Frustrated at the lack of interest by the medical establishment in reducing the costs of diagnostic testing, and seeing almost no chance of getting the necessary research grants, Kanav Kahol returned home to New Delhi in 2011. He was a member of Arizona State University's department of biomedical informatics. Kahol had noted that despite the similarities between most medical devices in their computer displays and circuits, their packaging made them unduly complex and difficult for anyone but highly skilled practitioners to use. As well, they were incredibly expensive -- costing tens of thousands of dollars each.
Kahol knew that the sensors in these devices were commonly available and inexpensive, usually costing only a few dollars. He believed that he could connect these to a common computer platform and use commercially available computer tablets to display diagnostic information, thereby dramatically reducing the cost of the medical equipment. He also wanted to repackage the sensor data to make them intelligible to technicians with just basic medical training -- the frontline health workers who do the tasks of physicians in parts of the world where physicians are in short supply.
Kahol and his Indian engineering team built a prototype of a device called the Swasthya Slate (which translates to "Health Tablet") in less than three months, for a cost of $11,000. This used an off-the-shelf Android tablet and incorporated a four-lead ECG, medical thermometer, water-quality meter, and heart-rate monitor. They then enhanced this with a 12-lead ECG and sensors for blood pressure, blood sugar, heart rate, blood haemoglobin, and urine protein and glucose. In June 2012, they sent this device to 80 medical labs for testing, which reported that it was as accurate as the medical equipment they used -- but more suitable for use in remote and rural areas, because it was built for the rugged conditions there.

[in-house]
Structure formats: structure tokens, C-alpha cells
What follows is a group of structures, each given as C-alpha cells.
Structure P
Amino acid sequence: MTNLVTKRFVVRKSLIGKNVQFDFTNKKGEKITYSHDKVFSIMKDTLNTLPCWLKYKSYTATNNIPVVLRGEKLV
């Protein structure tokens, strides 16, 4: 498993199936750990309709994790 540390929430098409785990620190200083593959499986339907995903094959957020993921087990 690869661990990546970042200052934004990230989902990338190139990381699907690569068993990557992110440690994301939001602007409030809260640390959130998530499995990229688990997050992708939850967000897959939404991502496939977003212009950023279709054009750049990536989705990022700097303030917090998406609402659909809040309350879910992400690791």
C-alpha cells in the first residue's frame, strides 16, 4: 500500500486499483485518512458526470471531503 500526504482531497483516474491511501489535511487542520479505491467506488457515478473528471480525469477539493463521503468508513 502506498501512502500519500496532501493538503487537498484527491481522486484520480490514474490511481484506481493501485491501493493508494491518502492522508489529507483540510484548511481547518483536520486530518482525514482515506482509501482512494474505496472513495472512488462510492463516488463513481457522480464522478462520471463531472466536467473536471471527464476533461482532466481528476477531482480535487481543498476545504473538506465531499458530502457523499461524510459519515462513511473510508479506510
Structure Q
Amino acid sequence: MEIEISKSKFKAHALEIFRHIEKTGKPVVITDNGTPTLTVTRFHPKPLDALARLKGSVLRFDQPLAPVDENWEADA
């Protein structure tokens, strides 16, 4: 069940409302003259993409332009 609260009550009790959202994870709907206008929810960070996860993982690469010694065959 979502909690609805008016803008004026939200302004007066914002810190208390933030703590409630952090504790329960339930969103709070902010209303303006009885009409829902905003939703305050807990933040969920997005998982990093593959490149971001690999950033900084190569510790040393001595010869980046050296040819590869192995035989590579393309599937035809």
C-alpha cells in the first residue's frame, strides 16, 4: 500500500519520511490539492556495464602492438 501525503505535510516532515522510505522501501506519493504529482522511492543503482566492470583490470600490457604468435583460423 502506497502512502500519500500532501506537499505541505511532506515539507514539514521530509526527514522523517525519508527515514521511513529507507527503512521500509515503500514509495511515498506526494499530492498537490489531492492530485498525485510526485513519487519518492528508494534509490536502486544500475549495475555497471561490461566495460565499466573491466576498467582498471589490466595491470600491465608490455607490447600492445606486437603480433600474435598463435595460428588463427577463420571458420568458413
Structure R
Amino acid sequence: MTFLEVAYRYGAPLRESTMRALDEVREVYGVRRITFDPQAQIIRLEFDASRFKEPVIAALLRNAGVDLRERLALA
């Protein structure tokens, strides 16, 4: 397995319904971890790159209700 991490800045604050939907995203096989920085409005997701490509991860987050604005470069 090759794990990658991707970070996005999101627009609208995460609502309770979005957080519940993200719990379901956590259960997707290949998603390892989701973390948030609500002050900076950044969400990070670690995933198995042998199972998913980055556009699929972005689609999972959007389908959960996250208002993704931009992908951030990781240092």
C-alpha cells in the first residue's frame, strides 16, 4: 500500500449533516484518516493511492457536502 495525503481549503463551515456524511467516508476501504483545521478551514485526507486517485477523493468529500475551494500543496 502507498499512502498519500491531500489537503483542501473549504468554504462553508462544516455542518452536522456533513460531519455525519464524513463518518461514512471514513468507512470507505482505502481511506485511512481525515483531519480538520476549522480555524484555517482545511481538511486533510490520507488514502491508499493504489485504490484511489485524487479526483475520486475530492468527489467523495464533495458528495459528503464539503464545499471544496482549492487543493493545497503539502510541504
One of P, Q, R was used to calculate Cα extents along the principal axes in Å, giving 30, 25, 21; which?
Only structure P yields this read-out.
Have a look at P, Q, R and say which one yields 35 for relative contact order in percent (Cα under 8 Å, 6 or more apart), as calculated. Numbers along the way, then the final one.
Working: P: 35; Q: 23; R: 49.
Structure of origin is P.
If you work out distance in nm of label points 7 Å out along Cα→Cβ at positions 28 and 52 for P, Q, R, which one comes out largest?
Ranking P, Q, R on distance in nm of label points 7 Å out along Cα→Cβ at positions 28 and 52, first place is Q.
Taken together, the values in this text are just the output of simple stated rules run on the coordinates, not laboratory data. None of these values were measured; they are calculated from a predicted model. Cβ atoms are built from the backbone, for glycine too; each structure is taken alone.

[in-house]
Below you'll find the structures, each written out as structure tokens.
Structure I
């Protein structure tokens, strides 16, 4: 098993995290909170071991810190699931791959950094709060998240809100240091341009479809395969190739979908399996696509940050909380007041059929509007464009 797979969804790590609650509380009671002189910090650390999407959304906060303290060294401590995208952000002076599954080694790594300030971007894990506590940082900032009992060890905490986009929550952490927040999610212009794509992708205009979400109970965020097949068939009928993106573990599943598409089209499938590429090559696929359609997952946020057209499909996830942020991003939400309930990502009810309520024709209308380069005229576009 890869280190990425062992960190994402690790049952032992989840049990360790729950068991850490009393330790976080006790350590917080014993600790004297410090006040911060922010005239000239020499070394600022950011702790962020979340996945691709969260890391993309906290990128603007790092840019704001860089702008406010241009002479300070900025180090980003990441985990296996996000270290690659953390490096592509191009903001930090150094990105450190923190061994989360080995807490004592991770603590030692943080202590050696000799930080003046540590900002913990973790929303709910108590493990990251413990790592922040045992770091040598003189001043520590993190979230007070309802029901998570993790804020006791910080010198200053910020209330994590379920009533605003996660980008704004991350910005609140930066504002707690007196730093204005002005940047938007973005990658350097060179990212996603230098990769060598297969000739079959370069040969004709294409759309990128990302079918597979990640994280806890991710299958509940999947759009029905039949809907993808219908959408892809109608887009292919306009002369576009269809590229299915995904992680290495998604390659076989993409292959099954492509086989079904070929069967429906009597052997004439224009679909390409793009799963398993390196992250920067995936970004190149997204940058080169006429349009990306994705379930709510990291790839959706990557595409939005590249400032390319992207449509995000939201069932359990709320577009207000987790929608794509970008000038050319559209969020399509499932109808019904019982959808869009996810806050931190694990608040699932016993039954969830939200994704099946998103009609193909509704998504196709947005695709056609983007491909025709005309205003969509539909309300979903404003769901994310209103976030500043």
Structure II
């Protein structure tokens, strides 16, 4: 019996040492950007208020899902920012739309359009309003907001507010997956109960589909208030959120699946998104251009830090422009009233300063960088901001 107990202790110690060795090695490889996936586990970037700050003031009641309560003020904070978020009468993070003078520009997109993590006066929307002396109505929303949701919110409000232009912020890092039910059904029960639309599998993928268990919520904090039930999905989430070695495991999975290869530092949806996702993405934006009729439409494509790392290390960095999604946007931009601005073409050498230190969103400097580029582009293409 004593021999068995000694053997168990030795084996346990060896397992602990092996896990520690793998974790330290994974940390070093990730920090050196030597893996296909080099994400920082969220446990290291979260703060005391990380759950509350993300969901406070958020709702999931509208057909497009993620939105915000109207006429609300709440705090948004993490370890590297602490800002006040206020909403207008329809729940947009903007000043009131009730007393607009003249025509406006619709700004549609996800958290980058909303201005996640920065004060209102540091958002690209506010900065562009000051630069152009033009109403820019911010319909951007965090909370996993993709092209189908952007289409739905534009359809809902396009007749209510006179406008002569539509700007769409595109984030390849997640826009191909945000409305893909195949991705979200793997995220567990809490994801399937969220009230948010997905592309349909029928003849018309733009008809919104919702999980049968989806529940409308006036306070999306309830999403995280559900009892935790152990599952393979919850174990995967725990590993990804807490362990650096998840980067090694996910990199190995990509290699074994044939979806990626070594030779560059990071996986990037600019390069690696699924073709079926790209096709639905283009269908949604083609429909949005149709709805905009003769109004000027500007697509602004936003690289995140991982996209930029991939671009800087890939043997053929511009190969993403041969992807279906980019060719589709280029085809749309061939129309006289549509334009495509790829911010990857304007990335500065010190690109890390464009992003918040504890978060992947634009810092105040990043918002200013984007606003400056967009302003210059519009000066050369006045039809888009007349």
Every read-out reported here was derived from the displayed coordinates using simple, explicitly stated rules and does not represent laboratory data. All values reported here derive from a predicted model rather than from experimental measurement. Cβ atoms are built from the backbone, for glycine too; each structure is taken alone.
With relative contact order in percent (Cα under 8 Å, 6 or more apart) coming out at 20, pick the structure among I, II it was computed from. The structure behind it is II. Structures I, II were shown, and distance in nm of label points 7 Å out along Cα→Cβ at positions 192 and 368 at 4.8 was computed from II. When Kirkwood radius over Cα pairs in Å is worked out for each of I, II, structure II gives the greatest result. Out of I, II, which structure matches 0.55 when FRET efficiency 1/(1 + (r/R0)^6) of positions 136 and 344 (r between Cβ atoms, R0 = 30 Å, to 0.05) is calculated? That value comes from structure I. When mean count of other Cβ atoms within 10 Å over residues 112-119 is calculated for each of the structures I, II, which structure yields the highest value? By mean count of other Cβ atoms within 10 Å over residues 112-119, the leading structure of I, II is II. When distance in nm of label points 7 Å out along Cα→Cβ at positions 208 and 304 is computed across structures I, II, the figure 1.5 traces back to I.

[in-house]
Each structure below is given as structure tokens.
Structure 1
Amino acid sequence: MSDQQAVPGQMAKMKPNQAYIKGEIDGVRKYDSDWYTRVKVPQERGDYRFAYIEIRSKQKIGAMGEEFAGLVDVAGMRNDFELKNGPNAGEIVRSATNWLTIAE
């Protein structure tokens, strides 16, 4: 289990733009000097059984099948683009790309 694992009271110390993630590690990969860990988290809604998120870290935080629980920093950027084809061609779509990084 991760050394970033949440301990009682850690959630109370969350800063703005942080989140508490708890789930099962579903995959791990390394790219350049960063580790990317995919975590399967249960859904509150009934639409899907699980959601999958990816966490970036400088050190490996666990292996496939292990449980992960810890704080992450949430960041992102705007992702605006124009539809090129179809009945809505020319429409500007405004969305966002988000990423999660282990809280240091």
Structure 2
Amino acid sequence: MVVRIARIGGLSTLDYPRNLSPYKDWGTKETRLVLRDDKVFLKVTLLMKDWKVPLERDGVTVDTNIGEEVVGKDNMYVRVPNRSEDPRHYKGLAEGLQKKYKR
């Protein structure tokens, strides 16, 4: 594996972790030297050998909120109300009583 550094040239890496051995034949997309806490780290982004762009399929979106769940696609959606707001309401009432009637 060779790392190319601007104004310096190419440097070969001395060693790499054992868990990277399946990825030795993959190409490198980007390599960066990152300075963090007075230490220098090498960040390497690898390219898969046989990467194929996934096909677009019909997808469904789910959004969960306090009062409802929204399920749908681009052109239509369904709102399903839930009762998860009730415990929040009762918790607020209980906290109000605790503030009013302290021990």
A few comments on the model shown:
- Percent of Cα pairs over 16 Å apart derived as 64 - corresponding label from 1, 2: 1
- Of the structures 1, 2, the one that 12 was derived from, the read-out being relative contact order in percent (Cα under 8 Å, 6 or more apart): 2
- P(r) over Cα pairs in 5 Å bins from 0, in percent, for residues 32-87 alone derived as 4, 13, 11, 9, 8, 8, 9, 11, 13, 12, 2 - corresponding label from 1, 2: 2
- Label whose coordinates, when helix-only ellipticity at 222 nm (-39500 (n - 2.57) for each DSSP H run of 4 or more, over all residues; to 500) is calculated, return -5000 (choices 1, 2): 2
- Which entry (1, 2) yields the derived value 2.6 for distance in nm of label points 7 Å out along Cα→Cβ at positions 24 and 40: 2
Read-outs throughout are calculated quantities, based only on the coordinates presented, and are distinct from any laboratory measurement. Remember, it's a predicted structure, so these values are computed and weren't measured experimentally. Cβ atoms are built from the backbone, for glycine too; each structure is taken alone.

By January 2013, Kahol's team had incorporated 33 diagnostic tests, including for HIV, syphilis, pulse oximetry, and troponin (relating to heart attack) into the Swasthya Slate and reduced its cost to $800 per unit. They also built a variety of artificial-intelligence-based apps for frontline health workers and started testing these in different parts of India.
According to reports that Kahol shared with me, in Muktsar Punjab, the number of antenatal care visits increased from 0.8 to 4.1 per mother after the Swasthya was deployed there. The blood-pressure and urine-protein sensors allowed for the diagnosis of a condition called preeclampsia, which is responsible for 15 percent of maternal mortality in India. A year earlier, only 250 mothers were screened for preeclampsia, and 10 were confirmed to be preeclampsic. Because the detection was very late in the pregnancy, eight of these mothers nevertheless passed away. After the introduction of the Swasthya Slate, 1,000 mothers were screened during their third trimester, of whom 120 were detected to have preeclampsia. All were given the necessary care, and there were no fatalities.